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MimersMead 03-08-2012 03:22 PM

First Mead Batch
 
Hey all

I'm working on a Barkshack Gingermead, and I've had it in the secondary for about 6 weeks now. It's cleared beautifully, but i'm noticing that it's still bubbling slightly, like a Coke that's been sitting in the glass for a while.

I'm going to transfer it to another carboy, and allow it to age a bit more.. But as it's my first batch, is it better to age it in the carboy, or transfer it to bottles as soon as possible? I'm so worried about blowing the corks!

I haven't done a hydrometer reading since I transfered it to the secondary 6 weeks ago. I'm putting it off just because I don't want to risk contaminating the brew.

I hope I'm being smart about this!

PaddyMurphy 03-08-2012 03:46 PM

So long as you sanitize the hydrometer properly you shouldn't contaminate the brew by measuring the SG.

MimersMead 03-08-2012 04:46 PM

I'm going to measure the SG tomorrow, after I pick up a Fermtech Thief. The hydrometer readings at pitch and upon transfer to secondary were bang on, I'm quite happy with it. I don't mind leaving it to age a bit longer either.

It's just so strange leaving something in the carboy so long, I'm used to beer clearing my carboy in 3 weeks. Looks like I need to buy a new carboy, this mead is killing my production schedule.

zeg 03-08-2012 07:23 PM

I've got my first mead in secondary now and I know what you mean about the production schedule. The benefit for me is that it got my wife on board with expanding the collection of fermenters in the house since she's a lot more excited about mead than beer (though she is generally on board with that, if not as excited).

Planning a cider "as soon as a fermenter opens up" has cleared the path to ordering another Better Bottle this week. So I'm definitely looking on the bright side here :-)

056r 03-09-2012 03:13 AM

Regarding your question on whether to age in bottles or bulk age in a carboy, it is generally accepted that you will have more consistent results from bulk aging it in one vessel as splitting it up can lead to small differences in flavor from bottle to bottle.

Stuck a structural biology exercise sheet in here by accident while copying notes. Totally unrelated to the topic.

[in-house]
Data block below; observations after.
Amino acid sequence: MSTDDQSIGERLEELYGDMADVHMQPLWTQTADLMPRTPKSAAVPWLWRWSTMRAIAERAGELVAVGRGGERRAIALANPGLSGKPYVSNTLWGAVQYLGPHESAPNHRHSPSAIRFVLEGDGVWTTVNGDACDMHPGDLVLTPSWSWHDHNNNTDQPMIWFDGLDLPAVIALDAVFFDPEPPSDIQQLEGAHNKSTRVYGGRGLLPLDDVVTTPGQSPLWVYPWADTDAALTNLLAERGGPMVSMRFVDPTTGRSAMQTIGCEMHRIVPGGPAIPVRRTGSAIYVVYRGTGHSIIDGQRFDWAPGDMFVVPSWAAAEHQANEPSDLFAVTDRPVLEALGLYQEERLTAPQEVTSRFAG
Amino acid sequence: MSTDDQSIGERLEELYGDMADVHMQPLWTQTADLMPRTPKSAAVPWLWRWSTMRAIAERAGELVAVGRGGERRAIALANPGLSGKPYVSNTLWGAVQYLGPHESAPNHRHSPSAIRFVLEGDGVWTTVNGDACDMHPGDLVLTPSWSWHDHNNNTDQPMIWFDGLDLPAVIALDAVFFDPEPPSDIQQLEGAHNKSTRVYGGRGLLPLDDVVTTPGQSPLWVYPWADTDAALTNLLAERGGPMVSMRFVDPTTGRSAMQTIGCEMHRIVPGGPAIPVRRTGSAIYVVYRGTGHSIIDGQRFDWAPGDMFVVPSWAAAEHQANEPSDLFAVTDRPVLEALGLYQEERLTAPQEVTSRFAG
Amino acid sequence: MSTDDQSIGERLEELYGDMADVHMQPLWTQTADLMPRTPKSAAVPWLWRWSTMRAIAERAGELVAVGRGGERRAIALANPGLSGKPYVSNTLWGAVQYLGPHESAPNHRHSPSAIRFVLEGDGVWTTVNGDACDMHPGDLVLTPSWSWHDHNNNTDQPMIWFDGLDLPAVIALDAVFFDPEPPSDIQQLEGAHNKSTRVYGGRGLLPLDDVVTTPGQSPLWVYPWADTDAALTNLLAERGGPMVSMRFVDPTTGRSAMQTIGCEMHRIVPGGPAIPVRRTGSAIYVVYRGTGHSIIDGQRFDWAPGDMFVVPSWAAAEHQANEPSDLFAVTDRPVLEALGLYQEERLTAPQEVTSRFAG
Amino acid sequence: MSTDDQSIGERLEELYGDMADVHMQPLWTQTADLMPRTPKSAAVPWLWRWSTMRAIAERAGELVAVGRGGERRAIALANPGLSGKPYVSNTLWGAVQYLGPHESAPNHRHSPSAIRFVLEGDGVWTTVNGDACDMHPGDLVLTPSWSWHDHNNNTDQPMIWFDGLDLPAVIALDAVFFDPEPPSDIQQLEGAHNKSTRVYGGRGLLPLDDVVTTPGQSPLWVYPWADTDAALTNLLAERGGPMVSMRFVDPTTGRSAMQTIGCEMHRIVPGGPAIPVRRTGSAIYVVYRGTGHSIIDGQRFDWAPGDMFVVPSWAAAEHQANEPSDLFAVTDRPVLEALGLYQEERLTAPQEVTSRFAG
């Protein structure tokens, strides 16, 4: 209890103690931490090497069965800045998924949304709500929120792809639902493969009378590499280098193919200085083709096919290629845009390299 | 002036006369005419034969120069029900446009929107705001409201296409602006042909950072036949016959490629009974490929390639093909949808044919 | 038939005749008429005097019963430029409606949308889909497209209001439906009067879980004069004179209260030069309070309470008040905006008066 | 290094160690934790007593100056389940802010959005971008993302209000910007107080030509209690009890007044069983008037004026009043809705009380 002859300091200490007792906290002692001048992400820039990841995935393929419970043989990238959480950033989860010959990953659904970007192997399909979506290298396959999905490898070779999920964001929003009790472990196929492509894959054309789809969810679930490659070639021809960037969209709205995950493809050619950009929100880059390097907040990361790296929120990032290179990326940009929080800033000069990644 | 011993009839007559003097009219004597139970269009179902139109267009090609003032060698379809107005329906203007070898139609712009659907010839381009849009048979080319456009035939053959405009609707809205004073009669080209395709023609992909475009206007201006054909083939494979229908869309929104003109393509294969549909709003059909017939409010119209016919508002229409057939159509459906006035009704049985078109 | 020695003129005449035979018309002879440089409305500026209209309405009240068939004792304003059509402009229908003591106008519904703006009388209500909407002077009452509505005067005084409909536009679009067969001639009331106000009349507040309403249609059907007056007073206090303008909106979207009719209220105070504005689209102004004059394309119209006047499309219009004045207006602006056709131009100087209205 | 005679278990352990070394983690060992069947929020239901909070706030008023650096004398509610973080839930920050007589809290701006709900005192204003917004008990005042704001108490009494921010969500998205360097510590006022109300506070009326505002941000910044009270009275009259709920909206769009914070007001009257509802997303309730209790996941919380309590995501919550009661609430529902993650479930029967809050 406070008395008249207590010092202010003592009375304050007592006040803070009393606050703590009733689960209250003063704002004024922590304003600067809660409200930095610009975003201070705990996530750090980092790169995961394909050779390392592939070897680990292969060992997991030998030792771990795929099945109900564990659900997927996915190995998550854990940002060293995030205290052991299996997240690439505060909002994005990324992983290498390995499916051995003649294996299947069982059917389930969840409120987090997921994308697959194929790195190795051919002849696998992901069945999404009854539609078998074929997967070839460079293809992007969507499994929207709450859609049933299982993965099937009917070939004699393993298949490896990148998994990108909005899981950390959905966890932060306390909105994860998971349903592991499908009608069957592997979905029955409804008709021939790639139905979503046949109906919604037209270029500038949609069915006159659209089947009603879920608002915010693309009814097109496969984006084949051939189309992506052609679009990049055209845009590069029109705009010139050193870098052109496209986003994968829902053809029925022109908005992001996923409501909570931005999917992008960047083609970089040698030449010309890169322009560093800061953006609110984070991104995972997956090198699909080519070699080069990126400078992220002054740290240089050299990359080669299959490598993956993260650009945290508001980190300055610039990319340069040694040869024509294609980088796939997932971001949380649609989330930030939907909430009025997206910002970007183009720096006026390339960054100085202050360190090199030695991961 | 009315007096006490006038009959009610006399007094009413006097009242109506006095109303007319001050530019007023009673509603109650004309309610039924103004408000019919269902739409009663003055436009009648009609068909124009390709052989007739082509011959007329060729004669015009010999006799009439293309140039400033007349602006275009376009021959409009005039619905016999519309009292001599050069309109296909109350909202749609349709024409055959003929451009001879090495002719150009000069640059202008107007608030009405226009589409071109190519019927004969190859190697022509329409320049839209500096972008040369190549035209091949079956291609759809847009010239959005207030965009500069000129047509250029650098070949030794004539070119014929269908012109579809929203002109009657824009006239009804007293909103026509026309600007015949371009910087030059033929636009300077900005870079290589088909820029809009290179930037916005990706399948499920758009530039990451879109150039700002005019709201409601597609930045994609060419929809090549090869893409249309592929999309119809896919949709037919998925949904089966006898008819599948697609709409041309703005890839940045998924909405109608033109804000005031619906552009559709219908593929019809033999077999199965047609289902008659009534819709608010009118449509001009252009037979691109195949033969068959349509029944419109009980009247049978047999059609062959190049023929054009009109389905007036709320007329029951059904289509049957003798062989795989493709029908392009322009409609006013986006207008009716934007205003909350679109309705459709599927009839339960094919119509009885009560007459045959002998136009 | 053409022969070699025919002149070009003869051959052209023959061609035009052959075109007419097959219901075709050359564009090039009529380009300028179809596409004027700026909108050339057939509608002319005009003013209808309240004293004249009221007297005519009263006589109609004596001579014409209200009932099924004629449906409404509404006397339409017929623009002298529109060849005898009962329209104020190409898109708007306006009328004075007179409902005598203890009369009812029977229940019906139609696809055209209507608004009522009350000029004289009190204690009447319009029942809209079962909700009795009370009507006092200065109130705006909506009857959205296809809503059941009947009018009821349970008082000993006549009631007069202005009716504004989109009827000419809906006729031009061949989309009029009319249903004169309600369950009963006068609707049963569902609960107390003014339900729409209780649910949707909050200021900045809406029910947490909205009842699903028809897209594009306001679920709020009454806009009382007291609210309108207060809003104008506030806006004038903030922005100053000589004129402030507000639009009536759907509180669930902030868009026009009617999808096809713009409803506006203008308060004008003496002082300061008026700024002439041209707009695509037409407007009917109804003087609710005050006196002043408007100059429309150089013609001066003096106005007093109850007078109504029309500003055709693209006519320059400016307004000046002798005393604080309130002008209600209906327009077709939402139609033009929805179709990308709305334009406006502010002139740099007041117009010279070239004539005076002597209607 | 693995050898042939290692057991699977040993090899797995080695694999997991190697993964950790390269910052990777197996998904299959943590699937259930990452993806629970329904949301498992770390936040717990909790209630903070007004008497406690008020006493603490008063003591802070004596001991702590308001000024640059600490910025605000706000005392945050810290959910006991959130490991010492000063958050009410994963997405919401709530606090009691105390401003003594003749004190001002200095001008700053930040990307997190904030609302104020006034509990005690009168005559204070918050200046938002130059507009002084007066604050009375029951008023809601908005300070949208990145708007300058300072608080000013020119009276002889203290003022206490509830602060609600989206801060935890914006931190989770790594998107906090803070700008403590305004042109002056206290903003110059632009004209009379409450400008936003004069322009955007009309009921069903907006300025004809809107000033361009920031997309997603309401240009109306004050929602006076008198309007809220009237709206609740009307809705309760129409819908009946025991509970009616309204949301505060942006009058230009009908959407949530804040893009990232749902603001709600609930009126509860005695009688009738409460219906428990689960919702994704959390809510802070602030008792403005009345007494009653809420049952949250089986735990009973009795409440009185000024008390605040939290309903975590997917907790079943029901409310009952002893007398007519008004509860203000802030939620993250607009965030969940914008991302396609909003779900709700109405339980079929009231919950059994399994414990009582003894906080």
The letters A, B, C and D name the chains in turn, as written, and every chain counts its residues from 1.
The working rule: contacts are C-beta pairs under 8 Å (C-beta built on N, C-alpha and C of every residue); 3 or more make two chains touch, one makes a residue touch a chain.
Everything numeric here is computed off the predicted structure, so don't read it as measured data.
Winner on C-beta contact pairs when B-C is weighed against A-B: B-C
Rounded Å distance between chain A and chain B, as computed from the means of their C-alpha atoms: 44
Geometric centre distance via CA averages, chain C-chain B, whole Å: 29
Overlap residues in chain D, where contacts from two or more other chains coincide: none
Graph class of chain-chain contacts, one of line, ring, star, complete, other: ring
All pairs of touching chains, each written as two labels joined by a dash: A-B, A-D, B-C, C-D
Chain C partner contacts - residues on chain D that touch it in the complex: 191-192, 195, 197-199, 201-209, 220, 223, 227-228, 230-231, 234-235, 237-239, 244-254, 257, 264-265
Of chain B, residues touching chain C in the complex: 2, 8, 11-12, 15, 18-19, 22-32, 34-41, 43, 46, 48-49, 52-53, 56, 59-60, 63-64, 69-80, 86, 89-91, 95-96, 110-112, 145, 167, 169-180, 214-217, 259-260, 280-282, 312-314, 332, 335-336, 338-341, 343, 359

MimersMead 03-09-2012 02:46 PM

I really appreciate your thoughts on this, I don't personally know any mead makers so I'm basically just fuddling through this first batch.

I guess it can't hurt to just leave it alone in the carboy.

fatbloke 03-09-2012 07:30 PM

Well I dont know, but I've made the barshack ginger recipe 3 times, because it sounds wonderful.

I don't know what I'm doing wrong though because all 3 times its turned out bloody horrible. Far too dry, not ginger tasting enough, etc etc.....

And all my ageing is done in bulk.....

MimersMead 03-09-2012 11:43 PM

Pulled a hydrometer sample today, and wow does it have pucker power.

it's been in secondary for 6 weeks now... I guess time cures all right?

It looks so good, but it's like drinking rubbing alcohol that has rhubarb in it. So very tart. Boyfriend says it isn't horrible, but not great.

fatbloke 03-10-2012 06:32 AM

Quote:

Originally Posted by MimersMead (Post 3877156)
Pulled a hydrometer sample today, and wow does it have pucker power.

it's been in secondary for 6 weeks now... I guess time cures all right?

It looks so good, but it's like drinking rubbing alcohol that has rhubarb in it. So very tart. Boyfriend says it isn't horrible, but not great.

Haven't got the recipe to hand, but both any "alcohol hot" taste and possible fusels, have many variables - yeast type, honey type, gravity readings at various points, fermentation temp, etc etc.

If you're unfamiliar with drinking meads, its probably best to just get it cleared and ageing (whether in bulk or in bottles).

Drier meads can take a long time to mellow out i.e. years in some cases. Whereas if you want it sweet, then back sweetening, possibly with a little acid can mask some of the "young mead flaws"........

MimersMead 03-23-2012 03:25 PM

Quote:

Originally Posted by fatbloke (Post 3878077)
Haven't got the recipe to hand, but both any "alcohol hot" taste and possible fusels, have many variables - yeast type, honey type, gravity readings at various points, fermentation temp, etc etc.

If you're unfamiliar with drinking meads, its probably best to just get it cleared and ageing (whether in bulk or in bottles).

Drier meads can take a long time to mellow out i.e. years in some cases. Whereas if you want it sweet, then back sweetening, possibly with a little acid can mask some of the "young mead flaws"........

Thanks, I'm basically just letting it age in the secondary. it's beautifully clear, and I don't see any bubbles rising anymore. So now, we wait. In the meantime, I'll get another brew on.


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